BANGKOK — Police said on Monday they will bring back a ban on riding on the back of a pickup truck after a high-speed crash left 13 students dead earlier this week.
In the light of the fatal accident in Samut Prakan province, police spokesman Krissana Pattanacharoen said officers will promptly issue warnings or fines to those caught riding on the back of a pickup truck, though similar measures have been largely ignored in the past.
Col. Krissana said the police will also make sure that operators of public transports drive safely and have enough rest.
A total of 13 students died after a pickup truck flipped over while trying to change lanes in the early hours of Sunday in Samut Prakan. Five people were also injured and hospitalized, including driver Nittaya Sukchan.
Local police station chief Pisut Chantarasunthorn said the driver is still in serious condition and cannot give any testimony.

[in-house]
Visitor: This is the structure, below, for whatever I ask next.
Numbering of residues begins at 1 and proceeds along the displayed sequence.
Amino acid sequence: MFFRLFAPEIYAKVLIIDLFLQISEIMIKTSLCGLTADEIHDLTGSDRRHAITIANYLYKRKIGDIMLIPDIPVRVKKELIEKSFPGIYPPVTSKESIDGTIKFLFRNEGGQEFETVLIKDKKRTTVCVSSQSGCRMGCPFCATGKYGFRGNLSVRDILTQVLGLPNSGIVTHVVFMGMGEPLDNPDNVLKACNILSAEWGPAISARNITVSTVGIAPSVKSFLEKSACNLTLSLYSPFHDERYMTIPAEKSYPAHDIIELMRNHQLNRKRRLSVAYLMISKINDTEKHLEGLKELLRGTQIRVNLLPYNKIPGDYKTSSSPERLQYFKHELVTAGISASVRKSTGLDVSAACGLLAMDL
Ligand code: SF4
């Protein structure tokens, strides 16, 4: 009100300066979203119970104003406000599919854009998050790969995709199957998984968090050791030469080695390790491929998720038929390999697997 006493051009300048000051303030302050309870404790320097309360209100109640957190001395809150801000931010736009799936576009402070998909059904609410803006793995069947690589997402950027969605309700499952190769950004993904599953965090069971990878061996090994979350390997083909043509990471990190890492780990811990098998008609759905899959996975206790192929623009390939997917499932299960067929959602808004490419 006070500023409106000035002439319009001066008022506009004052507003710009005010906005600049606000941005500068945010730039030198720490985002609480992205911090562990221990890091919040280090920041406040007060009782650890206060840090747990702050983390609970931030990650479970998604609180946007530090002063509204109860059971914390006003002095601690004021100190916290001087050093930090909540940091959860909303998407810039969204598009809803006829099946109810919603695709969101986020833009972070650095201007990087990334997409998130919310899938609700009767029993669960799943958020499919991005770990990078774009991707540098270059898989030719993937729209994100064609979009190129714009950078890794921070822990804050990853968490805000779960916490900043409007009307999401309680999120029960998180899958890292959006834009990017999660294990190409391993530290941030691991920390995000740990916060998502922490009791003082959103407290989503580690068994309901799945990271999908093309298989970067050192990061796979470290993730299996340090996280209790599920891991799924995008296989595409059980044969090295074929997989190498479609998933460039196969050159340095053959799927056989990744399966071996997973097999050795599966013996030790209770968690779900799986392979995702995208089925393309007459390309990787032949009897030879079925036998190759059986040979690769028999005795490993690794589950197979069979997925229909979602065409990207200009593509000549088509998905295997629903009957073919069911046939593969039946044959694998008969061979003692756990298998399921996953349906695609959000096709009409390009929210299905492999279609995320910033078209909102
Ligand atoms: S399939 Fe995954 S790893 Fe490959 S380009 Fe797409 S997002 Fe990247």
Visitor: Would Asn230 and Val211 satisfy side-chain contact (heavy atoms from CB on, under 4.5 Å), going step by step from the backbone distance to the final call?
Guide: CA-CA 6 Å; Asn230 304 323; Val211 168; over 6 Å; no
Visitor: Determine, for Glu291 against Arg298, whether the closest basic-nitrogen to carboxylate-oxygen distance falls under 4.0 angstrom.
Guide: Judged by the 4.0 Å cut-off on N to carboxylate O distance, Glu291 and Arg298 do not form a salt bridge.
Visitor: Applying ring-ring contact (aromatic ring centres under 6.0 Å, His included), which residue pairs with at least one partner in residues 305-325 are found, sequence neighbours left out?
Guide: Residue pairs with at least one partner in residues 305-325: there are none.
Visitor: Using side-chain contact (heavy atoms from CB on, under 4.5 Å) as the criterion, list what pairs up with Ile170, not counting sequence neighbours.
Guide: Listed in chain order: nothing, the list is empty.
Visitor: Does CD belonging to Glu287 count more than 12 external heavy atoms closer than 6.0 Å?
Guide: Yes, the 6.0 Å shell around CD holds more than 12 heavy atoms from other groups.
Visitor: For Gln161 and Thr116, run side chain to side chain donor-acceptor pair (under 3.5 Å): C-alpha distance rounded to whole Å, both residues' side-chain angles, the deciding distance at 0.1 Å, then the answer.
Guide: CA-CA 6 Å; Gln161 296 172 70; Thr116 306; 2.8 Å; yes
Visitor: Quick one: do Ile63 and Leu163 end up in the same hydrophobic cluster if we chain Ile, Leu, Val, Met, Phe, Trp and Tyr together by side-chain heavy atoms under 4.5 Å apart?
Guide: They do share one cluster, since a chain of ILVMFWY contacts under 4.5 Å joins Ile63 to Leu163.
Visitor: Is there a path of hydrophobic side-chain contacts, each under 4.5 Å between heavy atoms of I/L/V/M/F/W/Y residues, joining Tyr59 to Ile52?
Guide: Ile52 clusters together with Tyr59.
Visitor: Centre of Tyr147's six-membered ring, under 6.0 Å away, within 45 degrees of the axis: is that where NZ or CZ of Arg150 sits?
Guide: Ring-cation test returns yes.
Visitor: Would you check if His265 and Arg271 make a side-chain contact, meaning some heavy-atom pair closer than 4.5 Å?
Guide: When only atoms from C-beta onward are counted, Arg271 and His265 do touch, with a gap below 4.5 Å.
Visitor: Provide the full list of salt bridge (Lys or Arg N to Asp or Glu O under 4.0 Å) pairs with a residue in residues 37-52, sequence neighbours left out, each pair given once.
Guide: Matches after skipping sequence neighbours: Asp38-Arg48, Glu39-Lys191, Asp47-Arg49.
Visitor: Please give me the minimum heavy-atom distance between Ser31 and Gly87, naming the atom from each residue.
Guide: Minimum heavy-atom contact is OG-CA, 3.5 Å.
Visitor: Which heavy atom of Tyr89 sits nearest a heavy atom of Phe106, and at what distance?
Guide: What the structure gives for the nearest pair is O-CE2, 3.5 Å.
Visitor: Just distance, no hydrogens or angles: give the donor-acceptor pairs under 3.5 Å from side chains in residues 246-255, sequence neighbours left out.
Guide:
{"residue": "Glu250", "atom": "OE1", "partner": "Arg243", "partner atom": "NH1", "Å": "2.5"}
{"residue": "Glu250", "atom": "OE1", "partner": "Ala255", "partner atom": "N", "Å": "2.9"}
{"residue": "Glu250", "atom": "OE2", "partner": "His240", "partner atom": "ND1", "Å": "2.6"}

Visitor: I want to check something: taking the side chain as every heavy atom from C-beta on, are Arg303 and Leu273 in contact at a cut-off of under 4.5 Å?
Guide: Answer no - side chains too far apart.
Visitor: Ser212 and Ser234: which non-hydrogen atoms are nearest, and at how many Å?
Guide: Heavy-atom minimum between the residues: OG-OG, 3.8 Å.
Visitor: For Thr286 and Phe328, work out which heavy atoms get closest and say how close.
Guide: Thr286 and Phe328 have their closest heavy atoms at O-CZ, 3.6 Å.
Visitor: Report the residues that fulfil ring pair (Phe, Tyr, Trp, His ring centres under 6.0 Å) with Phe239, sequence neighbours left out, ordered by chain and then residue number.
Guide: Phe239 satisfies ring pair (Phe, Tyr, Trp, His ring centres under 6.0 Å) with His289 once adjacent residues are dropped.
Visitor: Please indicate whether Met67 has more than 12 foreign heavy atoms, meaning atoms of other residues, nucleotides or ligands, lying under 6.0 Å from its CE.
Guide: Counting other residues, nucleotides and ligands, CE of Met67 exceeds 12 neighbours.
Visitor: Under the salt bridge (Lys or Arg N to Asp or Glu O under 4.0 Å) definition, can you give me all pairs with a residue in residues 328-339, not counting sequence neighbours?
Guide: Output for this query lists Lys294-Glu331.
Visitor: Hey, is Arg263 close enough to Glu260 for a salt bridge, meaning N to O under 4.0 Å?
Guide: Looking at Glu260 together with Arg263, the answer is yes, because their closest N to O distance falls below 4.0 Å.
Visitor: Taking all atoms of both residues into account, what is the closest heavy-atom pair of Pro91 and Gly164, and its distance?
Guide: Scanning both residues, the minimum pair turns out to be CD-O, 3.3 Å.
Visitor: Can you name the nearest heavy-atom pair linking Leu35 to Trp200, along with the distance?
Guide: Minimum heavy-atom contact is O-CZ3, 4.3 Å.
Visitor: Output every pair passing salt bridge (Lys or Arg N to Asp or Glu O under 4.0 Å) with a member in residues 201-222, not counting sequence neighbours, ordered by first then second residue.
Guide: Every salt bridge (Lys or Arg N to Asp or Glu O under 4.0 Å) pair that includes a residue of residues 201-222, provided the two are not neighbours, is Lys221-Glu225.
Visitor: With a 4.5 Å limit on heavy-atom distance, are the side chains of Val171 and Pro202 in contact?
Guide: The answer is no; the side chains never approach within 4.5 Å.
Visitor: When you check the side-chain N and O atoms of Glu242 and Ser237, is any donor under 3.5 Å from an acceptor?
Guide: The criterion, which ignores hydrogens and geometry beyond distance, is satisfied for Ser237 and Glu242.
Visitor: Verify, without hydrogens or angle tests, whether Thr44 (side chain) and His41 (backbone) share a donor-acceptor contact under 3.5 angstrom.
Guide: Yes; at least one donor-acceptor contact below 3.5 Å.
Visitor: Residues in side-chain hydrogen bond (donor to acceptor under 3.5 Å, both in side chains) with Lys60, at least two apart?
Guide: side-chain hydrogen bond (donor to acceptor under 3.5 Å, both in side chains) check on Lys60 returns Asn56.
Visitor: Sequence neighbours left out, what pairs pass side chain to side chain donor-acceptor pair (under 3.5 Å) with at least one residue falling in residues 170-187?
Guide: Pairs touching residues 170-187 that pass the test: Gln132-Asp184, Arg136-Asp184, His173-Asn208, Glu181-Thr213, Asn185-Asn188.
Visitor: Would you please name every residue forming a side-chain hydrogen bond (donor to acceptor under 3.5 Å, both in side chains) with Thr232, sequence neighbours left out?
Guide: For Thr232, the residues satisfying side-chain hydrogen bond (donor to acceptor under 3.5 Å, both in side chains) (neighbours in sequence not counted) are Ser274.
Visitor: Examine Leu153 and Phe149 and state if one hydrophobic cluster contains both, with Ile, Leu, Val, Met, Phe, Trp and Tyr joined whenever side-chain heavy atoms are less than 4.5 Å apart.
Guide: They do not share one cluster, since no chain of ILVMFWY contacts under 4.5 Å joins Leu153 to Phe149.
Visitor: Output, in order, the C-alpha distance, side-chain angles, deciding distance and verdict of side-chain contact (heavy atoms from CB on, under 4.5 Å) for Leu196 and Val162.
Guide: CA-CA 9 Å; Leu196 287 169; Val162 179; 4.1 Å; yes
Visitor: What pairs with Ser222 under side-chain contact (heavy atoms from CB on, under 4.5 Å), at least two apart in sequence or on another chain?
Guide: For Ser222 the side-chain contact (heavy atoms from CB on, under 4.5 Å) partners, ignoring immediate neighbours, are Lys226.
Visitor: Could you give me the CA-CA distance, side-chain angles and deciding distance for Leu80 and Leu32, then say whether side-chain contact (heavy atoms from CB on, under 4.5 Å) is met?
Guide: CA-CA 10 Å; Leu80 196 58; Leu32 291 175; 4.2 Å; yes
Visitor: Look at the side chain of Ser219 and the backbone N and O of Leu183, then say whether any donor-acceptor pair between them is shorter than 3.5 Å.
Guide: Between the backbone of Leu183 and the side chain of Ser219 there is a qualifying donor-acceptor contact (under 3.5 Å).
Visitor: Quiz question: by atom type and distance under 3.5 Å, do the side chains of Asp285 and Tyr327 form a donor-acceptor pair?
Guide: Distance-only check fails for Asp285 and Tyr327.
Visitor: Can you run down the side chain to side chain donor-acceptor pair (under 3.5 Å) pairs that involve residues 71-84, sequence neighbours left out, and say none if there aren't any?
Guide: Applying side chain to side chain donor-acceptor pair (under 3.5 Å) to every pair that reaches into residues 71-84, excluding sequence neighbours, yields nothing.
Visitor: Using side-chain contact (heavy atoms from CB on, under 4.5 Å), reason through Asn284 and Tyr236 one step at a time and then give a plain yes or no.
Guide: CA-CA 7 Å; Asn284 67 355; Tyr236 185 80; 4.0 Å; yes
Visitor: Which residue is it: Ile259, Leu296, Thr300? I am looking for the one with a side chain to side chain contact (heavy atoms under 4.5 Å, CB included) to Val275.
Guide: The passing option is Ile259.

Investigators said the victims were celebrating the end of their job training and visiting a mor lam show prior to the accident. They were riding on the back of the pickup truck when the vehicle turned over.
Police have yet to press any charges or determine whether Nittaya was intoxicated at the time of the deadly accident, but eyewitnesses said alcohol was served at the party.
The incident renewed debates whether riding on the back of a pickup truck should be allowed. Although such practice is prohibited under current traffic laws, passengers routinely travel on the back of pickup trucks and police have largely tolerated the violations.
In April 2017, the ruling junta reaffirmed the ban on riding on the back of pickup trucks, but the regime soon backtracked the measure after widespread criticism on social media.
Asked whether the ban would be brought back, former deputy junta chief Prawit Wongsuwan, who now serves as deputy prime minister, was non-committal.
“There were calls for the rules to be relaxed, then this incident happened,” Prawit said. “So what do you want us to do?”